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Beyond the Numbers

By Gregg Sangillo

American University statistics professor Elizabeth Malloy is part of a team that will study 35 workplaces across industries such as automotive, cabinetry, electronics, and glass and window manufacturing.

AU statistics professor Elizabeth Malloy is part of a team that will study 35 workplaces across industries such as automotive, cabinetry, electronics, and glass and window manufacturing.

If you mention statistics to most people, they usually think number crunching and math. Yet for American University professor Elizabeth Malloy, statistics can be a springboard to understanding multiple academic disciplines and addressing real-world problems.

Malloy's new research will delve into the world of ergonomics, a pertinent field of study in today's economy. She'll be part of a team examining potential workplace exposures to Carpal Tunnel Syndrome (CTS), Lateral Epicondylitis (more commonly known as "tennis elbow"), and Medial Epicondylitis (sometimes called "golfer's elbow").

Researching the Workplace

With funding from the National Institute for Occupational Safety and Health, three groups—the University of Wisconsin-Milwaukee, the University of Utah, and Washington State Department of Labor &Industries—will study the relationships between physical job demands and upper limb injuries. The groups will pool data from 35 U.S. workplaces across a variety of industries, such as automotive, cabinetry, electronics, and glass and window manufacturing. Through video or direct measurement in the field, researchers will observe workers' biomechanical stressors such as hand activity level and peak force on the job. Then, researchers will ascertain if there is an association between workplace physical stressors and the prevalence of Carpal Tunnel, and tennis or golf elbow.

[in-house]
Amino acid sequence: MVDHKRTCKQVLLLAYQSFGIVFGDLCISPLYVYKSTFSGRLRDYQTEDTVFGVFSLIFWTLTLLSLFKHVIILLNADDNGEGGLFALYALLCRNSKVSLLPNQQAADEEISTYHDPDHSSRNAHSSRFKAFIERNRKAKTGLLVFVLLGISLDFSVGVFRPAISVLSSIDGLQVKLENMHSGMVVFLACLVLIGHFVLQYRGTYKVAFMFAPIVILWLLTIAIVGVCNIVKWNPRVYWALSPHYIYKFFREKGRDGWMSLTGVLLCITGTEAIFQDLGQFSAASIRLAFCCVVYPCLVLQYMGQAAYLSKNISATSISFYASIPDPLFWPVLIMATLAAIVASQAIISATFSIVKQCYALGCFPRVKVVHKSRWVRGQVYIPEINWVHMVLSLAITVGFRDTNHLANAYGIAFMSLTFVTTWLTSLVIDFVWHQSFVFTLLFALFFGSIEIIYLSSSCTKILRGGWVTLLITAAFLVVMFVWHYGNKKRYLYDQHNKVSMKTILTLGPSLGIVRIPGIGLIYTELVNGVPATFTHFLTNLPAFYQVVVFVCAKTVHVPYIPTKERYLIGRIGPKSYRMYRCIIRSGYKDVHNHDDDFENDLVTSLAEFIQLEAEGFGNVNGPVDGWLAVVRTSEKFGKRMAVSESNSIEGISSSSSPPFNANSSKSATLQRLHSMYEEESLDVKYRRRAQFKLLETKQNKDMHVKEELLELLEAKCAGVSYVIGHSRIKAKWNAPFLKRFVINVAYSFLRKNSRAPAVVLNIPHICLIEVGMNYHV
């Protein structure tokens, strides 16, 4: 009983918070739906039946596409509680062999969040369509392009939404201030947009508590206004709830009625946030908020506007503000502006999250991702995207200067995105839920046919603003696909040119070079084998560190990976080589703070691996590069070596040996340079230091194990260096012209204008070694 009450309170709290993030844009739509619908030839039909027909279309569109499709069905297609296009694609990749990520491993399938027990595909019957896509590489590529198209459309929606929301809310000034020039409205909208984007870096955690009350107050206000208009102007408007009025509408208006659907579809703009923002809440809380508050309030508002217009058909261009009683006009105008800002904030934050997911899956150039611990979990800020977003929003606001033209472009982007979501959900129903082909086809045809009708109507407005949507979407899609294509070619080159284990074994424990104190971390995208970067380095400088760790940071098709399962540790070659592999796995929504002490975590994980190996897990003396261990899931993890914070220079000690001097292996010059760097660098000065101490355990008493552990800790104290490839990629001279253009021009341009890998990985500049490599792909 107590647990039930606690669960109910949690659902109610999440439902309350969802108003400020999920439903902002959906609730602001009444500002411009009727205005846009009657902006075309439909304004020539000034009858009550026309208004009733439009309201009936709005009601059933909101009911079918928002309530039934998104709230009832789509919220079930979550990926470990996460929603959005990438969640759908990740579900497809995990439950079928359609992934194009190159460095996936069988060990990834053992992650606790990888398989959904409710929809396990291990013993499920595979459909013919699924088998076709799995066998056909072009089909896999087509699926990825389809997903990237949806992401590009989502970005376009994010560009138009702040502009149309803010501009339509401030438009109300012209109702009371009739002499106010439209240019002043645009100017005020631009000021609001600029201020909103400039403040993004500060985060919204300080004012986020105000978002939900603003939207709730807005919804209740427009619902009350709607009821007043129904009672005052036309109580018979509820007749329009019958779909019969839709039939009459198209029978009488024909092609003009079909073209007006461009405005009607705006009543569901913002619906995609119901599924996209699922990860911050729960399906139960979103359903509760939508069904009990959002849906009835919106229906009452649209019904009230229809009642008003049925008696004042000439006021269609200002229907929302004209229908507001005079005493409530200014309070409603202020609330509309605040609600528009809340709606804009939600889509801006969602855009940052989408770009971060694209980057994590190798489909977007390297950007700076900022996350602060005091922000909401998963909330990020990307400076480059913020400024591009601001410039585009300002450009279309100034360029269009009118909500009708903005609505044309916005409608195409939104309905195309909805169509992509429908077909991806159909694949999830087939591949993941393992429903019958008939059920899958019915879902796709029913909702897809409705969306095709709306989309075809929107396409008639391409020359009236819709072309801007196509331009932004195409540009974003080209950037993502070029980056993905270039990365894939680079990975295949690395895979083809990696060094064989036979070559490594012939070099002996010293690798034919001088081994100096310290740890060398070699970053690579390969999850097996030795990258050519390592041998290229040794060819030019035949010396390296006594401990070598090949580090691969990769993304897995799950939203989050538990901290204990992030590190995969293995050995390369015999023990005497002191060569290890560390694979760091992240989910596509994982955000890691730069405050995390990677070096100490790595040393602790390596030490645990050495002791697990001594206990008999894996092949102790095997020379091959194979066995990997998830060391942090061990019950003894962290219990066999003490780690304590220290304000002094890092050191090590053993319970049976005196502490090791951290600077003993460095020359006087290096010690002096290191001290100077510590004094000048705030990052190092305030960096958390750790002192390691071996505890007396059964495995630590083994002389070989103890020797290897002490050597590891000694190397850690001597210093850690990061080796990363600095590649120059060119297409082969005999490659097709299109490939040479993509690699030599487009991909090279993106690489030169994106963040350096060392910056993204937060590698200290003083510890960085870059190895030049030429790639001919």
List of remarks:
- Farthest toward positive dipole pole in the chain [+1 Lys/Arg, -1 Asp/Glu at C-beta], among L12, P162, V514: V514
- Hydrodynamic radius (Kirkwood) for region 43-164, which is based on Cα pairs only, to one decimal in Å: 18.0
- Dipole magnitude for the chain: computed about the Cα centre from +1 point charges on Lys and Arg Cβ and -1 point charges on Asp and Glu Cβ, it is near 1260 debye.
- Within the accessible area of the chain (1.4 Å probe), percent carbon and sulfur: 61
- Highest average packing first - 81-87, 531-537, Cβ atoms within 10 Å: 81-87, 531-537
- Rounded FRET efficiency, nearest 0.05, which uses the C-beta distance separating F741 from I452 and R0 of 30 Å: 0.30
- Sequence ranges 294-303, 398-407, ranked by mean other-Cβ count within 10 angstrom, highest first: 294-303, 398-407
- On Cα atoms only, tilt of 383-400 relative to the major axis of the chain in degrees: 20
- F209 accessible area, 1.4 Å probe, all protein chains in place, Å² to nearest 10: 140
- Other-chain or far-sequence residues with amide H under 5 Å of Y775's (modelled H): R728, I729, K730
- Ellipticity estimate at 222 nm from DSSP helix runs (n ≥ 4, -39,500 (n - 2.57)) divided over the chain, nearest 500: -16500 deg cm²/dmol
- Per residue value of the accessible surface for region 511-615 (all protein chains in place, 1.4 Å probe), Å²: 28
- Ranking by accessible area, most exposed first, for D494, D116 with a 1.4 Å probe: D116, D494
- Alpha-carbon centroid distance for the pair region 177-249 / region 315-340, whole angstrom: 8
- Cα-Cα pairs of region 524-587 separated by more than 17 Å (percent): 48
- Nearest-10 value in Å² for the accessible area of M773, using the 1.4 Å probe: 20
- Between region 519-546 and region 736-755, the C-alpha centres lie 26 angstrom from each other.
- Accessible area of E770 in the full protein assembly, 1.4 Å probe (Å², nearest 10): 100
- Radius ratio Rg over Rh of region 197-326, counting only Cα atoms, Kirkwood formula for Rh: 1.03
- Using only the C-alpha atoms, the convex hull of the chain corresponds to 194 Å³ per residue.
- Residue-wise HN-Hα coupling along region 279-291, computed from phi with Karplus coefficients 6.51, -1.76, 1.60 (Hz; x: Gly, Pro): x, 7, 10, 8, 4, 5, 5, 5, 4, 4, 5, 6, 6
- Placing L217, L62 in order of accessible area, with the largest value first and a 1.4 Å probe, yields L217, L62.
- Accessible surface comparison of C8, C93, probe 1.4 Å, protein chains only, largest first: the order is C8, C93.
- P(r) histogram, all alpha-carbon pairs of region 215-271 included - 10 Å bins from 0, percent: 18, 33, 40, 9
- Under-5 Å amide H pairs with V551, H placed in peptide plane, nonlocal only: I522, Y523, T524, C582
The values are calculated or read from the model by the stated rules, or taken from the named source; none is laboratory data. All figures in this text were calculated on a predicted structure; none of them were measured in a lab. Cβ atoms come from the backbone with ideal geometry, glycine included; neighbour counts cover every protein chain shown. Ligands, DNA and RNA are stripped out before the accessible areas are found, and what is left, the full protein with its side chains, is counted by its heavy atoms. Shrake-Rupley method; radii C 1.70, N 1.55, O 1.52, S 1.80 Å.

Malloy, who is part of the Wisconsin team, will provide statistical analysis to model and summarize the relationships between workplace exposure and incidents of upper limb injuries. "It literally could be something simple like, 'Oh, the more you're exposed, the higher your risk.' Very rarely is it ever something so simple," explains Malloy, a professor of mathematics and statistics in the College of Arts and Sciences. "Where I come in is using these modeling methods which allow for more flexible fitting of nonlinear relationships."

The research project is expected to take three years. The conclusions should prove valuable for employers looking to enhance workplace safety and public health agencies steering injury prevention programs.

There are implications for the economy: The Bureau of Labor Statistics estimated more than 8,600 Carpal Tunnel cases in 2012, with 30 days of lost work per person. The problem is compounded by lost wages, workers' compensation and health care costs.

Challenges and Outliers

One research challenge is isolating for non-work factors that might lead to these injuries. A person could have contracted tennis elbow by, well, playing tennis. There are also health-related problems sometimes associated with Carpal Tunnel Syndrome, including arthritis, diabetes, smoking, and thyroid disease. But researchers can't possibly control for every potential contributing factor.

"This can show if there is an association demonstrated. This type of study does not prove, though, that this workplace exposure is causing it. This is an observational study," she says.

Potentially skewing the numbers is a process of self-selection, labeled Healthy Worker Survivor Effect. "What happens is if you're susceptible at a lower exposure, then you quit working and quit accumulating exposures," she explains.Conversely, she says, some workers keep accumulating exposures but don't show symptoms of injury.

The Joy of Stats

Carpal Tunnel Syndrome isn't an obvious subject for a stats professor, but she's not wading into entirely unfamiliar terrain. "Part of my post-doc had been working with someone who looked at health outcomes in an occupational setting, and this is just a natural extension of that," Malloy says. Malloy is even dealing with her own case of tennis elbow, which she got doing home repair work.

Malloy's research has offered her an entrée into a broad array of intellectual pursuits. Her interdisciplinary experience, she points out, enables her to work with both stat and non-stat focused students. "Any statistician will tell you that one of the exciting aspects of it is its applicability in so many areas. So on campus, I've worked with a biology professor, I've worked with two psychology professors, I've worked with education professors," she says. "That's really the joy of being a statistician."